Re: parallel runways on airports

Date:         20 Mar 97 02:38:33 
From:         ksaunders@ll.mit.edu (Kenneth W. Saunders)
Organization: Massachvsetts Institvte of Technology
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In article <airliners.1997.657@ohare.Chicago.COM>, "Marc SCHAEFFER"
<marcmsc@hotmail.com> wrote:

> I read in 'Aero international' that the two parallel runways 25L/07R and
> 25R/07L at the Frankurt airport (FRA) can't be used at the same time
> since they are only seperated by 518 meters.
> - What's the minimum distance where two parallel runways can be used
>   at the same time ?
> - Are there other restrictions for these type of runways ?
> - Are the rules the same in Europe and the US ?

In the US, the FAA allows simultaneous independent approaches in IMC when
parallel runways are spaced at least 4300 ft apart.  Independent approaches
means that the aircraft on one approach DO NOT have to spaced in front of or
behind the aircraft on the other approach.  You can think of independent
approaches to two runways as being two separate (but closely spaced) airports
with two separate streams of traffic and two separate sets of approach
controllers.  Between 4300 ft and about 2000 ft, parallel approaches in the
US are run as dependent approaches in IMC.  Dependent approaches use a single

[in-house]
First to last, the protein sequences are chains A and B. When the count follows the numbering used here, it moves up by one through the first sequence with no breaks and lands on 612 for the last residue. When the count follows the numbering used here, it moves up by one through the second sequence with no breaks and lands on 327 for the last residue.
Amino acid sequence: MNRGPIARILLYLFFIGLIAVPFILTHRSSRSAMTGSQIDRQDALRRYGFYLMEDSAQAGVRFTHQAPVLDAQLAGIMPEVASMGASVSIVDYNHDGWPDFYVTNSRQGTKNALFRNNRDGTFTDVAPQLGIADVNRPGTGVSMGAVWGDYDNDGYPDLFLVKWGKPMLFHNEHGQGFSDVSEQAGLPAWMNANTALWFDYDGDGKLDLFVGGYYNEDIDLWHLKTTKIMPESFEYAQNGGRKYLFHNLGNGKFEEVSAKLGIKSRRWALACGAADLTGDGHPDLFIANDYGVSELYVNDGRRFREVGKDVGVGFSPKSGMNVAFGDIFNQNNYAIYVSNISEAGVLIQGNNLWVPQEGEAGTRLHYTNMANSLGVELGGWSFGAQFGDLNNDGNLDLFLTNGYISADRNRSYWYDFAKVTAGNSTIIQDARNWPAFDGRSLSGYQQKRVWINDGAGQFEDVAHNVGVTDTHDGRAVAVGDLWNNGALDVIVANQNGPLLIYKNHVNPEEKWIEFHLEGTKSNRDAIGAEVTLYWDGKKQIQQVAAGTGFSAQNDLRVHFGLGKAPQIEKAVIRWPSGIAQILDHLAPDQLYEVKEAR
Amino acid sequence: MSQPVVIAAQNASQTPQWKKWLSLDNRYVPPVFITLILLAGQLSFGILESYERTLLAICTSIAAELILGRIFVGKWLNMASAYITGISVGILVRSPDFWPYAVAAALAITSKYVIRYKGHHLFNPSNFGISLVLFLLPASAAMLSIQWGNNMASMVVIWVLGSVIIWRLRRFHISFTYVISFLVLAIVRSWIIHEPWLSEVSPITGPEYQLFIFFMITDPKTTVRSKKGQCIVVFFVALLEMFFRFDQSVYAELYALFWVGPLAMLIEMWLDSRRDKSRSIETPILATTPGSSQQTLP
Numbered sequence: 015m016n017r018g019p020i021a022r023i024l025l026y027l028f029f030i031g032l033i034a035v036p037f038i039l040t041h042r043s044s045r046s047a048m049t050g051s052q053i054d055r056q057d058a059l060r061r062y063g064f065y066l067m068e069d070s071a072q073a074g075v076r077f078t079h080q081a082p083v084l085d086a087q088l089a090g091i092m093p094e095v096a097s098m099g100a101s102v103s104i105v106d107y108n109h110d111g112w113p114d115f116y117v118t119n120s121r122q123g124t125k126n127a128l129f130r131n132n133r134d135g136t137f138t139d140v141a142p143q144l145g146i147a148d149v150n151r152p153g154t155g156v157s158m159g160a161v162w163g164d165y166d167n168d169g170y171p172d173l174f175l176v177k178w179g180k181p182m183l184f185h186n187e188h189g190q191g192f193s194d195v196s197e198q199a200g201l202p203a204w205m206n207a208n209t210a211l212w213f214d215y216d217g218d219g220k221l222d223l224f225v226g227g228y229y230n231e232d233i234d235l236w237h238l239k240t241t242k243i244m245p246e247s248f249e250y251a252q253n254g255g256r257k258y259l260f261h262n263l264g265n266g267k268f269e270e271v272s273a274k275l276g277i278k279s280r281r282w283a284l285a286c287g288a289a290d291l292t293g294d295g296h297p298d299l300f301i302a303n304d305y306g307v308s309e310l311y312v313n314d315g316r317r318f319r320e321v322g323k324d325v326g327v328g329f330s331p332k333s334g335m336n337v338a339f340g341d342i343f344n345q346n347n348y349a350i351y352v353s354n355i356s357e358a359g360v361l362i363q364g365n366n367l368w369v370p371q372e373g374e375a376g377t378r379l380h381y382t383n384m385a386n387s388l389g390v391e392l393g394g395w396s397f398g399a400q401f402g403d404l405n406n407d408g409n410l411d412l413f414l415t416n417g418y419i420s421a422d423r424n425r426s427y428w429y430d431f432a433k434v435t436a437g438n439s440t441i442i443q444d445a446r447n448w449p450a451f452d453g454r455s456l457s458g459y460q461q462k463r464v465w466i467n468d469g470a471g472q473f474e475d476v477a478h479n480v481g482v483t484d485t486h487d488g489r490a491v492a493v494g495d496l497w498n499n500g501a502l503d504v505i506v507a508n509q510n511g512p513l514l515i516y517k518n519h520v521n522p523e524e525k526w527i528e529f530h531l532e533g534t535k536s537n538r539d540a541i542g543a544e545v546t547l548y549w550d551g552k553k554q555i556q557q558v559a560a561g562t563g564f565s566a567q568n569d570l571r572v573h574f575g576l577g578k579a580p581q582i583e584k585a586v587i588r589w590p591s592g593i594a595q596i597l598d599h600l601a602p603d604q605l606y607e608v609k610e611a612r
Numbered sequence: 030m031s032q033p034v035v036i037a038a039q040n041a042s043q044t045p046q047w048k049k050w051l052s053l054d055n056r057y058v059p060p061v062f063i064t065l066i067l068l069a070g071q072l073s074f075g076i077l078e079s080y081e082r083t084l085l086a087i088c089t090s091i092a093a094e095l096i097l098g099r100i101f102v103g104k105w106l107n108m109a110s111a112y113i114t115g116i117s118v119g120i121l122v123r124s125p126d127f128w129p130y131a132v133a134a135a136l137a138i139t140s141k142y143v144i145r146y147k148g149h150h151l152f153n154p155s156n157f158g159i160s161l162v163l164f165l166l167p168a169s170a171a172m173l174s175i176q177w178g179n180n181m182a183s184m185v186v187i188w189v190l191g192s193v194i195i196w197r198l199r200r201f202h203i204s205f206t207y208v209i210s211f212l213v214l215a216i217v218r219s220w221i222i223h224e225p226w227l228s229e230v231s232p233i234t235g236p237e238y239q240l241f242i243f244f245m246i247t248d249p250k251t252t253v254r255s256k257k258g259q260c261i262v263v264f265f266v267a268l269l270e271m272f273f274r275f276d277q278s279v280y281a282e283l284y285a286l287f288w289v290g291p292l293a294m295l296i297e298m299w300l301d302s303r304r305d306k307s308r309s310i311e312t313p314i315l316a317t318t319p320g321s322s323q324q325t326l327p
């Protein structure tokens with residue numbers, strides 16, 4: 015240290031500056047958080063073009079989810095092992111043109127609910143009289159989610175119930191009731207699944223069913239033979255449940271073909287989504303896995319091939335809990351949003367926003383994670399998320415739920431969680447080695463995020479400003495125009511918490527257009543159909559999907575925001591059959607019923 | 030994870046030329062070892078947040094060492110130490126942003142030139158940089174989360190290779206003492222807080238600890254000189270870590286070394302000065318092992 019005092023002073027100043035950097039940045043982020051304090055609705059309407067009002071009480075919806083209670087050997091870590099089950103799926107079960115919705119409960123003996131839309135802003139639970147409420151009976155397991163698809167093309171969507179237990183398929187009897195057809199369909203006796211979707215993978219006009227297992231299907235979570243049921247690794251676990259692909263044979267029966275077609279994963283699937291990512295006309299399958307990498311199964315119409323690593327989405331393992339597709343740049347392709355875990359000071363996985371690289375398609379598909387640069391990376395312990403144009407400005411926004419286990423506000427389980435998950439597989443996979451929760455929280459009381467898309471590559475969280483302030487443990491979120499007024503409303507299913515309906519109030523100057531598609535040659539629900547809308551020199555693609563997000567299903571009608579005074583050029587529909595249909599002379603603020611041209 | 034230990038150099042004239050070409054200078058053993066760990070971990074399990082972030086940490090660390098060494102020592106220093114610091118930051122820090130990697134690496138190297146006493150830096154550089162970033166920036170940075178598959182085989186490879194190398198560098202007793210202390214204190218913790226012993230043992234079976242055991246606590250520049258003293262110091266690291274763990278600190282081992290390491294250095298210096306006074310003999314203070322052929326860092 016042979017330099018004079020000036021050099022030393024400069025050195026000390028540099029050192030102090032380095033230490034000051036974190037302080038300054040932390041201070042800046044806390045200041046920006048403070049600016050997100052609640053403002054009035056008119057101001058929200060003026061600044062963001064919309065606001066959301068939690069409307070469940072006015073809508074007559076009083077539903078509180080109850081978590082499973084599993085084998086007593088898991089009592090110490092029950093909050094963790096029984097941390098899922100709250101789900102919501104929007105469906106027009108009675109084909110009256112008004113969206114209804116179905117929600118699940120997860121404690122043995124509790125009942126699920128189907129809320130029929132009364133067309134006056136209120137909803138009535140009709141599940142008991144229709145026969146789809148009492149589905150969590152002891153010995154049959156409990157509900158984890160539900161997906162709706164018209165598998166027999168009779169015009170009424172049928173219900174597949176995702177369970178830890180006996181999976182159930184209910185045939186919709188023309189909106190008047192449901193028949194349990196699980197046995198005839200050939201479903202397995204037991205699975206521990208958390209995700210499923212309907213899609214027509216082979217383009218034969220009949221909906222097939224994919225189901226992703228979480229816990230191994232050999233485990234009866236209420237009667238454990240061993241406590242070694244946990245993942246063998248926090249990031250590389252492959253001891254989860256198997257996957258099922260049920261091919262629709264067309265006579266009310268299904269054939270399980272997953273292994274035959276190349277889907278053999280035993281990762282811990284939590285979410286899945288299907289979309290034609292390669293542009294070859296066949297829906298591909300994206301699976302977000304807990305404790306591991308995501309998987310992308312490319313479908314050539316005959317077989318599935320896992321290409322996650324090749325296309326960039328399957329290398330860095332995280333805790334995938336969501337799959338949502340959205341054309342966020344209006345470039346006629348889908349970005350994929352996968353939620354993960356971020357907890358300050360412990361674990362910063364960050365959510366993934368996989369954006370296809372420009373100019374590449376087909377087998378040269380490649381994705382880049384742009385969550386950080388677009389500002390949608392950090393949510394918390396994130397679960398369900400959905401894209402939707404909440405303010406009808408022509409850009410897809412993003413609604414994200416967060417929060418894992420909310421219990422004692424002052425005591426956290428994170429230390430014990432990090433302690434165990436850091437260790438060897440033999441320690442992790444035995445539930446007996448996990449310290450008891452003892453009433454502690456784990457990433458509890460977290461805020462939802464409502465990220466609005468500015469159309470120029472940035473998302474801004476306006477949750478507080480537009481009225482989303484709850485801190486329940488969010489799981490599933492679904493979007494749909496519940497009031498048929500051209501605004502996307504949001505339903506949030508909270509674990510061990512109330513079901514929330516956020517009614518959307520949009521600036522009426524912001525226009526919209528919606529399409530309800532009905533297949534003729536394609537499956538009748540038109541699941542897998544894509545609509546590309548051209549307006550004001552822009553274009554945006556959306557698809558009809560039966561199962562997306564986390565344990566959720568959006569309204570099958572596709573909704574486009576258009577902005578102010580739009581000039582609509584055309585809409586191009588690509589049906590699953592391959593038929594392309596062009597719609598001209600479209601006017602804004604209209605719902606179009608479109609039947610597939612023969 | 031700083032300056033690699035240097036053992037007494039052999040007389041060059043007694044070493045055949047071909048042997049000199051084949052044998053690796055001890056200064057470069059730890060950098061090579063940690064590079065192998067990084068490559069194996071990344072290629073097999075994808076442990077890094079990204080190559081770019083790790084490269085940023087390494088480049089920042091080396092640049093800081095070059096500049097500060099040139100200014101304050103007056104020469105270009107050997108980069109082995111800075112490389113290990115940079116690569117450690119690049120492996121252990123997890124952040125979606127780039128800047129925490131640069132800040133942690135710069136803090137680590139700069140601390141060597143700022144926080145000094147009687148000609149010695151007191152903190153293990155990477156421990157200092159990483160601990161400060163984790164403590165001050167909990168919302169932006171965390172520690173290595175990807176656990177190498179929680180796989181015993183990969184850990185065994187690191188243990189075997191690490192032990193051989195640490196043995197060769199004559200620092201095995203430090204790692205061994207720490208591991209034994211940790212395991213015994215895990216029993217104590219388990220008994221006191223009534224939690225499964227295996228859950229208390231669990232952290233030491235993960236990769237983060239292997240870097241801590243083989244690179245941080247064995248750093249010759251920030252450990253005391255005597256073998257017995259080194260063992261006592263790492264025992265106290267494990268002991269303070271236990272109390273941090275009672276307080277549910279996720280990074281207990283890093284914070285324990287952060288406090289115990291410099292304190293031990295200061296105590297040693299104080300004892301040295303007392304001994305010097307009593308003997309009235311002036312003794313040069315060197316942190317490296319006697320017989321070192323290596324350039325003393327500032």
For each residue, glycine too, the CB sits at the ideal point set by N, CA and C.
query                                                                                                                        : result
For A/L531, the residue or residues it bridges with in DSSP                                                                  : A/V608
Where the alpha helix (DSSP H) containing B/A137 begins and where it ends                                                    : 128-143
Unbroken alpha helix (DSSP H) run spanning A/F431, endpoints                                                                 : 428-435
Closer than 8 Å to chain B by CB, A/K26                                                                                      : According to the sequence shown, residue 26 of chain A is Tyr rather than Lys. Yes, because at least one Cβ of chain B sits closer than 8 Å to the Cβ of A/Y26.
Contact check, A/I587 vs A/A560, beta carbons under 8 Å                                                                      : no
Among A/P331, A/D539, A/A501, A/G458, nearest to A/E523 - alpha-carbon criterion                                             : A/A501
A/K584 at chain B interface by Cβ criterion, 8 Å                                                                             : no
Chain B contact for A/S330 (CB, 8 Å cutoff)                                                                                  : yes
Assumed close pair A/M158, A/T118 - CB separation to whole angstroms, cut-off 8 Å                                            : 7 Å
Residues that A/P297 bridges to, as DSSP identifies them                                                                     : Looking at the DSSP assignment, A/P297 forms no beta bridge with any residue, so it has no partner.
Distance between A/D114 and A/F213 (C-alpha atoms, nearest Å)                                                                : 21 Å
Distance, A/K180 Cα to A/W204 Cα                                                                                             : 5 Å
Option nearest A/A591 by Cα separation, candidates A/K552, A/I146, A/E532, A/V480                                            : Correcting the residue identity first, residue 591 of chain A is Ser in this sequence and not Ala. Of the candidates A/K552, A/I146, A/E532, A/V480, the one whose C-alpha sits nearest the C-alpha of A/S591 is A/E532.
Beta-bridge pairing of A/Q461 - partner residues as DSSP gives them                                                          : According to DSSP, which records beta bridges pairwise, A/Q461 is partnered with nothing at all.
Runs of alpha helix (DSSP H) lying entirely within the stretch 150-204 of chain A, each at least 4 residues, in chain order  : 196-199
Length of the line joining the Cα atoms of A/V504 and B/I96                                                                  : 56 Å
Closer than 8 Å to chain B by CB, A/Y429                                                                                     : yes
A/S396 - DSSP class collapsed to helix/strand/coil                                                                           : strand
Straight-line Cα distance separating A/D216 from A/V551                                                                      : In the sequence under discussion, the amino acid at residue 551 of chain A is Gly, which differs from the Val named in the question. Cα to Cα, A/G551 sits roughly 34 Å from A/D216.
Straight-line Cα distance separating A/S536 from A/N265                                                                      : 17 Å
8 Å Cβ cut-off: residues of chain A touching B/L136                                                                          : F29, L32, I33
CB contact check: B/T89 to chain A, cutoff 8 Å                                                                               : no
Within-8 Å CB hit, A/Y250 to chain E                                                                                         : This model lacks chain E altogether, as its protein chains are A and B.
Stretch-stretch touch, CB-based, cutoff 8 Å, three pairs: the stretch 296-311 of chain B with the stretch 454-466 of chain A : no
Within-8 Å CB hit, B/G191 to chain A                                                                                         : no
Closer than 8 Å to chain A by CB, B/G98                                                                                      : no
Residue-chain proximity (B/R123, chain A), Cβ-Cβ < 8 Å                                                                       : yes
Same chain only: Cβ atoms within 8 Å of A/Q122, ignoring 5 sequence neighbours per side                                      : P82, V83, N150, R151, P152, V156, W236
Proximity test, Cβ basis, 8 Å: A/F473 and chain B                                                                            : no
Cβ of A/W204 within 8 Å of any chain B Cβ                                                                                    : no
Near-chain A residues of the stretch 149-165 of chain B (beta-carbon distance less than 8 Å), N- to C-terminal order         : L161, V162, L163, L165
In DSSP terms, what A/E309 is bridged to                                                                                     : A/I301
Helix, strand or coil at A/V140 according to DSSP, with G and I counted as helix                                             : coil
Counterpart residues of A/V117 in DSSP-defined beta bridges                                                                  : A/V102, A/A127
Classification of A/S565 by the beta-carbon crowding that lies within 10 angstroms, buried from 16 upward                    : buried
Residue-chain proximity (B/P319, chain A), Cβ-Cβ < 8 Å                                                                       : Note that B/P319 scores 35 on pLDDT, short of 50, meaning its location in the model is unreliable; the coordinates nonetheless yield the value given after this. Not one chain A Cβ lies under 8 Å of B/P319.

set of approach controllers that stagger the positions of the aircraft, so
that if one aircraft deviated from the approach course, it would not come
near the aircraft in the other arrival stream.

INDEPENDENT APPROACHES:  (each - is about 1/2 nmi, each X is an aircraft)

-----X------X------X------X------X-

        >= 4300 ft separation

----X------X-------X------X-------X


DEPENDENT APPROACHES:  (each - is about 1/2 nmi, each X is an aircraft)

-----X--------X--------X--------X--------X

      >= 2000 ft and < 4300 ft separation

-X--------X--------X--------X--------X----

Normally, dependent approaches have the aircraft in each approach stream
spaced farther apart in-trail.  This reduces arrival capacity (obviously).
The above pictorials are a close approximation to reality.

There is a 2000 ft "No Transgression Zone" between parallel runways.  If
and aircraft enters the NTZ, aircraft in the other approach stream are
supposed to be given commands to break off their approach to avoid a near
mid-air collision.

The FAA has an on-going project to use high resolution displays and more
accurate surveillance systems (radar or other means) to reduce the 4300 ft
spacing.  Some studies have shown that 3400 ft spacing is safe with the
Parallel Runway Monitor system.  To my knowledge, there's no operational PRM
controlling traffic in the US.

I don't know how much the FAA relaxes these rules in VMC, although I've flown
into airports (e.g. Denver Stapleton) with closely spaced parallel runways
in VMC where the two aircraft on approach were not staggered.  I'm not sure
if the FAA allows approaches to runways spaced closer than 2000 ft apart in
VMC, but there may be special case airports where this is allowed.

Frankfurt's 518 m spacing is less than the FAA's 2000 ft NTZ rule.  There may
be a German CAA equivalent requirement to the FAA's NTZ that prohibits some
types of parallel approaches to these closely spaced runways.

--
Kenneth W. Saunders
MIT Lincoln Laboratory
ksaunders@LL.MIT.EDU